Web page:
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Medicare 101 Understanding Medicare

There are four parts of Medicare: Part A, Part B, Part C, and Part D. In general, the four Medicare parts cover different services, so it's essential that you understand the options so you can pick your Medicare coverage carefully.

Key Takeaways:

If you qualify for Medicare and don't know where to start, Assurity Benefits Group has state licensed benefits advisors who can help enroll you in Medicare Advantage, Medicare Supplement Insurance, and Prescription Drug Part D plans.

Maybe you’re getting close to the age of 65 or simply want to understand how Medicare works so you can help a family member or friend. While some people who sign up for Medicare are retired, others are still working. Whatever your situation, you become eligible for Medicare when you reach 65 and, in most cases, must enroll. In fact, if you are already receiving Social Security, you'll be enrolled in Medicare automatically the month you turn 65. The card will arrive in the mail.

Medicare Part A covers the costs of hospitalization. When you enroll in Medicare, you receive Part A automatically. For most people, there is no monthly cost, but there is a $1,408 deductible in 2020.

Services covered under part A may include surgeries, inpatient care in hospitals, skilled nursing facilities, hospice care, and home healthcare services.

Additionally, if you’re hospitalized, a deductible applies, and if you stay for more than 60 days, you have to pay a portion of each day’s expenses. If you’re admitted to the hospital multiple times during the year, you may need to pay a deductible each time.

Medicare Part B: Doctors and Tests

Medicare Part B covers a long list of medical services including doctor’s visits, medical equipment, outpatient care, outpatient procedures, purchase of blood, mammograms, cardiac rehabilitation, and cancer treatment.

You’re not required to enroll in Part B if you don’t have “creditable coverage” from another source, such as an employer or spouse's employer.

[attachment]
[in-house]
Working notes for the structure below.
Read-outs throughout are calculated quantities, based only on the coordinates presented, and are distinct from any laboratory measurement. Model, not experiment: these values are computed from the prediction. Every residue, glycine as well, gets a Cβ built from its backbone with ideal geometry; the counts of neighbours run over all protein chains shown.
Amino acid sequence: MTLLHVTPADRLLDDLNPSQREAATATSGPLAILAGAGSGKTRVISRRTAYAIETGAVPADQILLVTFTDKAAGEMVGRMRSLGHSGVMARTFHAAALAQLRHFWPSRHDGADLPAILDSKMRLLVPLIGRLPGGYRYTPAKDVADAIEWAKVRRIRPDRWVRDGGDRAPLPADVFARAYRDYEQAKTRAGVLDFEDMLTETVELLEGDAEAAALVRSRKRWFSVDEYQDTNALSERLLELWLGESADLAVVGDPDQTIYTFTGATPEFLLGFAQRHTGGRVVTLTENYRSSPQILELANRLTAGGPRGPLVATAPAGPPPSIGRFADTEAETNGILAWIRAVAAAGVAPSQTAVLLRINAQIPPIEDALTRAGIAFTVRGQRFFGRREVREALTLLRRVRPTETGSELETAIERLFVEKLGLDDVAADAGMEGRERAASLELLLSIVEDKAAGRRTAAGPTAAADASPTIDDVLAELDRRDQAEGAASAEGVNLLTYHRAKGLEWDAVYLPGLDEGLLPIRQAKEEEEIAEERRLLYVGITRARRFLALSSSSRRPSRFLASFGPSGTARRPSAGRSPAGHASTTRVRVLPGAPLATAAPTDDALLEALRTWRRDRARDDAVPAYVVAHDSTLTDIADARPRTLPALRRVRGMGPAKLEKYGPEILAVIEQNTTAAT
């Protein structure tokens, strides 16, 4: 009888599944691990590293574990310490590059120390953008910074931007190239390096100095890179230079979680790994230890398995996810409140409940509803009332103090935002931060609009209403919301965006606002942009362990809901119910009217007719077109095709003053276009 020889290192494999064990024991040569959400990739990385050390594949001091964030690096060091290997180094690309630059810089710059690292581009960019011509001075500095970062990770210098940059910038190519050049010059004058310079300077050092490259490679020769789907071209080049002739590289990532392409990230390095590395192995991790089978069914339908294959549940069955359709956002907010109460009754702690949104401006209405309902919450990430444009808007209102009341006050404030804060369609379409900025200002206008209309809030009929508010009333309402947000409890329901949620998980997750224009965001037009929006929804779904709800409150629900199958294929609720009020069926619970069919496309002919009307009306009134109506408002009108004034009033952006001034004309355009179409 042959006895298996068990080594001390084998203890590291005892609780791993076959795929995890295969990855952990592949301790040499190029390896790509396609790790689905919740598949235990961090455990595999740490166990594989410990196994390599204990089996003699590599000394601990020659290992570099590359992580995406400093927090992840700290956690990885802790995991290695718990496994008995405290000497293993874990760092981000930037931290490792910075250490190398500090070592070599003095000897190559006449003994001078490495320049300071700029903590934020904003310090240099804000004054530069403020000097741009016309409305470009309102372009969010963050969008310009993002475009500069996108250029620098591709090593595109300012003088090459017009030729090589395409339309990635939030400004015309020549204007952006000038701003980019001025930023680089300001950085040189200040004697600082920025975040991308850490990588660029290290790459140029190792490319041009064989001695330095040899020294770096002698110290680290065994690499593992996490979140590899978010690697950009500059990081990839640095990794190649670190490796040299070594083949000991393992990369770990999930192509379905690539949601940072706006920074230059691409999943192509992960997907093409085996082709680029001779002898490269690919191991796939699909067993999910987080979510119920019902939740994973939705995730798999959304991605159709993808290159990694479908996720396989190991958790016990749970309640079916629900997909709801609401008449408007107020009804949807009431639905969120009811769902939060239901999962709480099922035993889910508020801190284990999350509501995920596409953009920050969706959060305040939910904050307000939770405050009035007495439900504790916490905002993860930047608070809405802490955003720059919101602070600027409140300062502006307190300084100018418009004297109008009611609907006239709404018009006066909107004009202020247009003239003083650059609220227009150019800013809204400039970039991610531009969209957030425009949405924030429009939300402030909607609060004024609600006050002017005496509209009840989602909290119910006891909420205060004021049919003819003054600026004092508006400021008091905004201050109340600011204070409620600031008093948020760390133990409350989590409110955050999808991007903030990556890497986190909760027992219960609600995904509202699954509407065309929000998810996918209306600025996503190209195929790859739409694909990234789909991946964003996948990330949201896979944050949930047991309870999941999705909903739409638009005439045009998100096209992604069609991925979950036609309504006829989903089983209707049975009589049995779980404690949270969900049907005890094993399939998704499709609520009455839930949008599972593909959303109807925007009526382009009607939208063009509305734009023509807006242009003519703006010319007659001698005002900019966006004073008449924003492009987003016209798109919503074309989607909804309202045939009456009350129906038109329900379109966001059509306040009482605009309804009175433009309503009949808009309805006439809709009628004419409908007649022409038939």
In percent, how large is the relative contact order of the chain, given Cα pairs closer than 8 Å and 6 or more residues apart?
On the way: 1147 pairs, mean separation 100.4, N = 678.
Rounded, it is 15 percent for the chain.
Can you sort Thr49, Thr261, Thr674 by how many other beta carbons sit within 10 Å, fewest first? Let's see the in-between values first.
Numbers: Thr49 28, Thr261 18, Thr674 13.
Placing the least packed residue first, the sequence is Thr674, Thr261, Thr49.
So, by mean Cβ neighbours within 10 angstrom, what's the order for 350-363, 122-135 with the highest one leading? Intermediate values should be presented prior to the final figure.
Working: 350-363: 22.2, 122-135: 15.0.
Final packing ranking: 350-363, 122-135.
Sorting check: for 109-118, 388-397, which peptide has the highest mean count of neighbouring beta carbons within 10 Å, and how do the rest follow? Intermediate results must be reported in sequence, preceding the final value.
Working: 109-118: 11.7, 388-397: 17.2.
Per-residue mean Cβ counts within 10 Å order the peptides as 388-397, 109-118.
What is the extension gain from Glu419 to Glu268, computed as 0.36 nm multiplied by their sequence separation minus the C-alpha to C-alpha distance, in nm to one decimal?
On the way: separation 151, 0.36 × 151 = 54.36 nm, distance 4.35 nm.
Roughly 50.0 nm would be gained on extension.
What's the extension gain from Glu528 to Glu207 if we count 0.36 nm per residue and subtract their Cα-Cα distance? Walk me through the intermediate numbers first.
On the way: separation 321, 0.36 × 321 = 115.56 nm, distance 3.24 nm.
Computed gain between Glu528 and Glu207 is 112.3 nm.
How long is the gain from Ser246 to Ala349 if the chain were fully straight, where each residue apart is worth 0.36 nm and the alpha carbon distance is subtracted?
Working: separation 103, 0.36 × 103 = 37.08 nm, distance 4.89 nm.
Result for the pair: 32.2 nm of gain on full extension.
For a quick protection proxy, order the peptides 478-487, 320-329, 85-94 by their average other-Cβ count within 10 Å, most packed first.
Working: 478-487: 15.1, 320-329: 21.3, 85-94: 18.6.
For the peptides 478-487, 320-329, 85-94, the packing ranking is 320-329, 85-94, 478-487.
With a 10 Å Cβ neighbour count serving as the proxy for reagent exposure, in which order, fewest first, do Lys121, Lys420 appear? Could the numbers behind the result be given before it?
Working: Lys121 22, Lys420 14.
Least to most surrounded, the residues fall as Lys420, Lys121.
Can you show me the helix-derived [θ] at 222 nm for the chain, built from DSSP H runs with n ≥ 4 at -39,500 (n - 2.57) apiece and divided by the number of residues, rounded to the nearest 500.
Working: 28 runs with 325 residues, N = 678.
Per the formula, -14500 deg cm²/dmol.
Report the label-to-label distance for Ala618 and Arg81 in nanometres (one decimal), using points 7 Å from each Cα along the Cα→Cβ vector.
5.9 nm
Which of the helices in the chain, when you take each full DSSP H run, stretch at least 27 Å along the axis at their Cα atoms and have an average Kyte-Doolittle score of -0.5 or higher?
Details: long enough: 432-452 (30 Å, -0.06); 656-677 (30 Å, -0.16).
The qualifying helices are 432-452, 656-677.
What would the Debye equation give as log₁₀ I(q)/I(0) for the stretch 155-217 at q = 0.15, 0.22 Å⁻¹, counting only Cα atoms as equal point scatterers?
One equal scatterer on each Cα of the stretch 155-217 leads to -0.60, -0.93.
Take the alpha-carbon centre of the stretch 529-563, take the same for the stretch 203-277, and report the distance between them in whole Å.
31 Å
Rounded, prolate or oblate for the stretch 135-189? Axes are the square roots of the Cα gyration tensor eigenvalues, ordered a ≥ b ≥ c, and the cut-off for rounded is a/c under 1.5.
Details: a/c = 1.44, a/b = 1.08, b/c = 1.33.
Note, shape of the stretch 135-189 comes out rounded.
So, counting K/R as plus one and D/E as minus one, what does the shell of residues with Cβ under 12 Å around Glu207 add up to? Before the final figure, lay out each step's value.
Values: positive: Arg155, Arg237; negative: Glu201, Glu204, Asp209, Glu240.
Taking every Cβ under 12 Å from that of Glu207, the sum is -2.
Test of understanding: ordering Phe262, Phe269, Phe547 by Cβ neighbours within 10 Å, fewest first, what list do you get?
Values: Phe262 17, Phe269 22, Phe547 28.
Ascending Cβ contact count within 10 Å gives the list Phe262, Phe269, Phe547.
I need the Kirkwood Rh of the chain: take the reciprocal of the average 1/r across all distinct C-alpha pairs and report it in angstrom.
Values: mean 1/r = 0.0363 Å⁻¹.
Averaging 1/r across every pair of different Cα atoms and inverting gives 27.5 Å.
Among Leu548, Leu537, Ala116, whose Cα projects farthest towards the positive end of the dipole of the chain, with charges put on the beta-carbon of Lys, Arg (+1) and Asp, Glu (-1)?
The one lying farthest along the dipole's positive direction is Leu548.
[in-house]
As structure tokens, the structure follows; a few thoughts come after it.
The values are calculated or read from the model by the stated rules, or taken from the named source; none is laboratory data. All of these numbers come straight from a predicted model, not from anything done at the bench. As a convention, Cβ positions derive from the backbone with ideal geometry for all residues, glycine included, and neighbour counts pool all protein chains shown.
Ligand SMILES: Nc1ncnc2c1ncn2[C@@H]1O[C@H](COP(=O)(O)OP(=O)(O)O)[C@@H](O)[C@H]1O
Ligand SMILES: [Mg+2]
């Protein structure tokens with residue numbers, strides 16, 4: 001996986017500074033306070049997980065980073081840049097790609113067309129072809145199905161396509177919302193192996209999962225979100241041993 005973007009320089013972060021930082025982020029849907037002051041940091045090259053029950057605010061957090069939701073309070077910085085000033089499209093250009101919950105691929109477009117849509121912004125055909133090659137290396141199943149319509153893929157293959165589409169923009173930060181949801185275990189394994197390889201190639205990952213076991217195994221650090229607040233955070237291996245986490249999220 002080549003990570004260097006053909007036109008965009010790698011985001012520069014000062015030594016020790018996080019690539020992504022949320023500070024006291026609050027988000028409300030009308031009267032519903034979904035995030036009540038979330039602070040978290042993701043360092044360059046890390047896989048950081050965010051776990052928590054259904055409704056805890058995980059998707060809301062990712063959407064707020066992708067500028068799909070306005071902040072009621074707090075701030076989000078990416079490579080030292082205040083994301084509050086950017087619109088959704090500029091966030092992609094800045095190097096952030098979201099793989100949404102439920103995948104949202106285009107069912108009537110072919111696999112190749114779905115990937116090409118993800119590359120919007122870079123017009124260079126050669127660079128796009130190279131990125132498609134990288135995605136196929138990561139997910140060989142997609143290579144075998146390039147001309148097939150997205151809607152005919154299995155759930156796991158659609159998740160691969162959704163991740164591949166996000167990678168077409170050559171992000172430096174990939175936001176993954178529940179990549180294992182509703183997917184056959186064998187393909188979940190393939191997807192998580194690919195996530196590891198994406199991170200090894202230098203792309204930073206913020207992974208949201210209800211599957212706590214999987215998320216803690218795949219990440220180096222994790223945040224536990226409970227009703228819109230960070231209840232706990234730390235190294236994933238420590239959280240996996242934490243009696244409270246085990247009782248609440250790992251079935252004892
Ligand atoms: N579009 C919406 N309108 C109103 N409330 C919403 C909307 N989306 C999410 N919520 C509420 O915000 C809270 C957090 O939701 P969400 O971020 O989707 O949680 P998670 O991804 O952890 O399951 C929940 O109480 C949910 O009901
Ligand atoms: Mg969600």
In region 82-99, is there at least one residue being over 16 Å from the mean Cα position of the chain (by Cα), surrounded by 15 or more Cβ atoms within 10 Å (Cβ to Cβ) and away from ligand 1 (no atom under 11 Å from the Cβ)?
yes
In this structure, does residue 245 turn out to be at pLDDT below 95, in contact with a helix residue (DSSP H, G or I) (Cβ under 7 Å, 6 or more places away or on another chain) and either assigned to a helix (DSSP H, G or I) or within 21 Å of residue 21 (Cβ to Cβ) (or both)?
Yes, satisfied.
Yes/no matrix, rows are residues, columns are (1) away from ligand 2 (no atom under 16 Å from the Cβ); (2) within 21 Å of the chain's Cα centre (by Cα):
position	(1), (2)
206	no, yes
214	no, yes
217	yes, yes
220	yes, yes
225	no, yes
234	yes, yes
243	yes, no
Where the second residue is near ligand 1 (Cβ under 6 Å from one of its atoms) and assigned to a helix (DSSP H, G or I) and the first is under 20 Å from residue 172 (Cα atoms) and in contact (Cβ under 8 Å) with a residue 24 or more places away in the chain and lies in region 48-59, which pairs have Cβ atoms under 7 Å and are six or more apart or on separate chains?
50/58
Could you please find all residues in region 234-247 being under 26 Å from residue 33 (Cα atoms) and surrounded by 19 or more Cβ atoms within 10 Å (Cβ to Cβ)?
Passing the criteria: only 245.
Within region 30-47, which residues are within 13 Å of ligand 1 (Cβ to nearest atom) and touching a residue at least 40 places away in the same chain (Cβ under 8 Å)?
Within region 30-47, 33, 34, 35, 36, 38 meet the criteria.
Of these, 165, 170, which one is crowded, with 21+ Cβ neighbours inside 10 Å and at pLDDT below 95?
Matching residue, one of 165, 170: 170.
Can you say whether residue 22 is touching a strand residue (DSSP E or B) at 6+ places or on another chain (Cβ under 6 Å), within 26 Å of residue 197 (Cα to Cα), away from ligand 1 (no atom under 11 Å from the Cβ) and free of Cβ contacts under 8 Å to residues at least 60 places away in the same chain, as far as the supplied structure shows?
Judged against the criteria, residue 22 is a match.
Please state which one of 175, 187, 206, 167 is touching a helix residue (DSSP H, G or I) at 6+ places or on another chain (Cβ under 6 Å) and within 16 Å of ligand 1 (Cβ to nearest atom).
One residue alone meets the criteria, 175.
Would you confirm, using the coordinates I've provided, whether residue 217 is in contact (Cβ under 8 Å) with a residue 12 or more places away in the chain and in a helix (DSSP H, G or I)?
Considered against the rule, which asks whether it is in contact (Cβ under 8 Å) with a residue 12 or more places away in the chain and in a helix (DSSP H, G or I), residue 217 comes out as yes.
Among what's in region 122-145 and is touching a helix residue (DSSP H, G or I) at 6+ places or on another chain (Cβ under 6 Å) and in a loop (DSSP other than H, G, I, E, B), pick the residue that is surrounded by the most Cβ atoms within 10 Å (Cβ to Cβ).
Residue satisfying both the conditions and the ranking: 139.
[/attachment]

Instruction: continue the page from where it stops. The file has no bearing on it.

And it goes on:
You pay a monthly premium for Part B. In 2020, the cost was $144.60, up from $135.50 in 2019. If you're on Social Security, this may be deducted from your monthly payment.

If you don’t enroll and you don’t have creditable coverage from another source, you may have to pay a penalty if you enroll later.

The annual deductible for Part B is $198 in 2020. Once you meet the deductible, you pay 20% of the Medicare-approved cost of the service, provided your healthcare provider accepts Medicare assignment. But beware: There is no cap on your 20% out-of-pocket expense.

For example, if your medical bills for a certain year were $100,000, you could be responsible for up to $20,000 of those charges, plus the charges incurred under Part A and D umbrellas. There is no lifetime maximum.

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What Parts A and B Don't Cover

The largest and most important item that traditional Medicare doesn’t cover is long-term care if the only care you need is custodial. If you are diagnosed with a chronic condition that requires ongoing long-term personal care assistance, the kind that requires an assisted-living facility, Medicare will cover none of the cost. However, Medicare will cover the costs for acute-care hospital services, for patients who are transferred from an intensive care or critical care unit. Services covered could include head trauma treatment or respiratory therapy.

Medicare Part C: Medicare Advantage Plan

Part C, also known as Medicare Advantage, is an alternative to traditional Medicare coverage. Coverage normally includes all of Parts A and B, a prescription drug plan (Part D), and, depending on your choice of a Medicare Advantage plan, other possible benefits. Part C is administered by Medicare-approved private insurance companies that collect your Medicare payment from the federal government. Depending on the plan, you may or may not need to pay an additional premium for Part C. You still need to pay your Medicare Part B premium. You don’t have to enroll in a Medicare Advantage plan but for many people, these plans can be a better deal than paying separately for Parts A, B, and D. Beneficiaries will still pay separate premiums if they don’t choose to have the Part “C/D” premium taken out of their Social Security check.

Medicare Part D: Prescription Drugs

Prescription drug coverage, known as Part D, is also administered by private insurance companies. Part D is required unless you have a prescription drug plan from another source, including any Medicare Advantage plan. Depending on your plan, you may have to meet a yearly deductible before your plan begins covering your eligible drug costs. Some Part D plans have a co-pay. Medicare prescription drug plans have a coverage gap—a temporary limit on what the drug plan will cover. The coverage gap is often called the “doughnut hole,” and this gap kicks in after you and your plan have spent a certain amount in combined costs. For example, in 2020 the donut hole occurs once you and your insurer combined have spent $4,020 on prescriptions. Once you have paid $6,350 in out-of-pocket costs for covered drugs, you have reached the level of "catastrophic coverage," for 2020 in out-of-pocket costs for covered drugs. This means you are out of the prescription drug “donut hole” and your prescription drug coverage begins paying for most of your drug expenses again.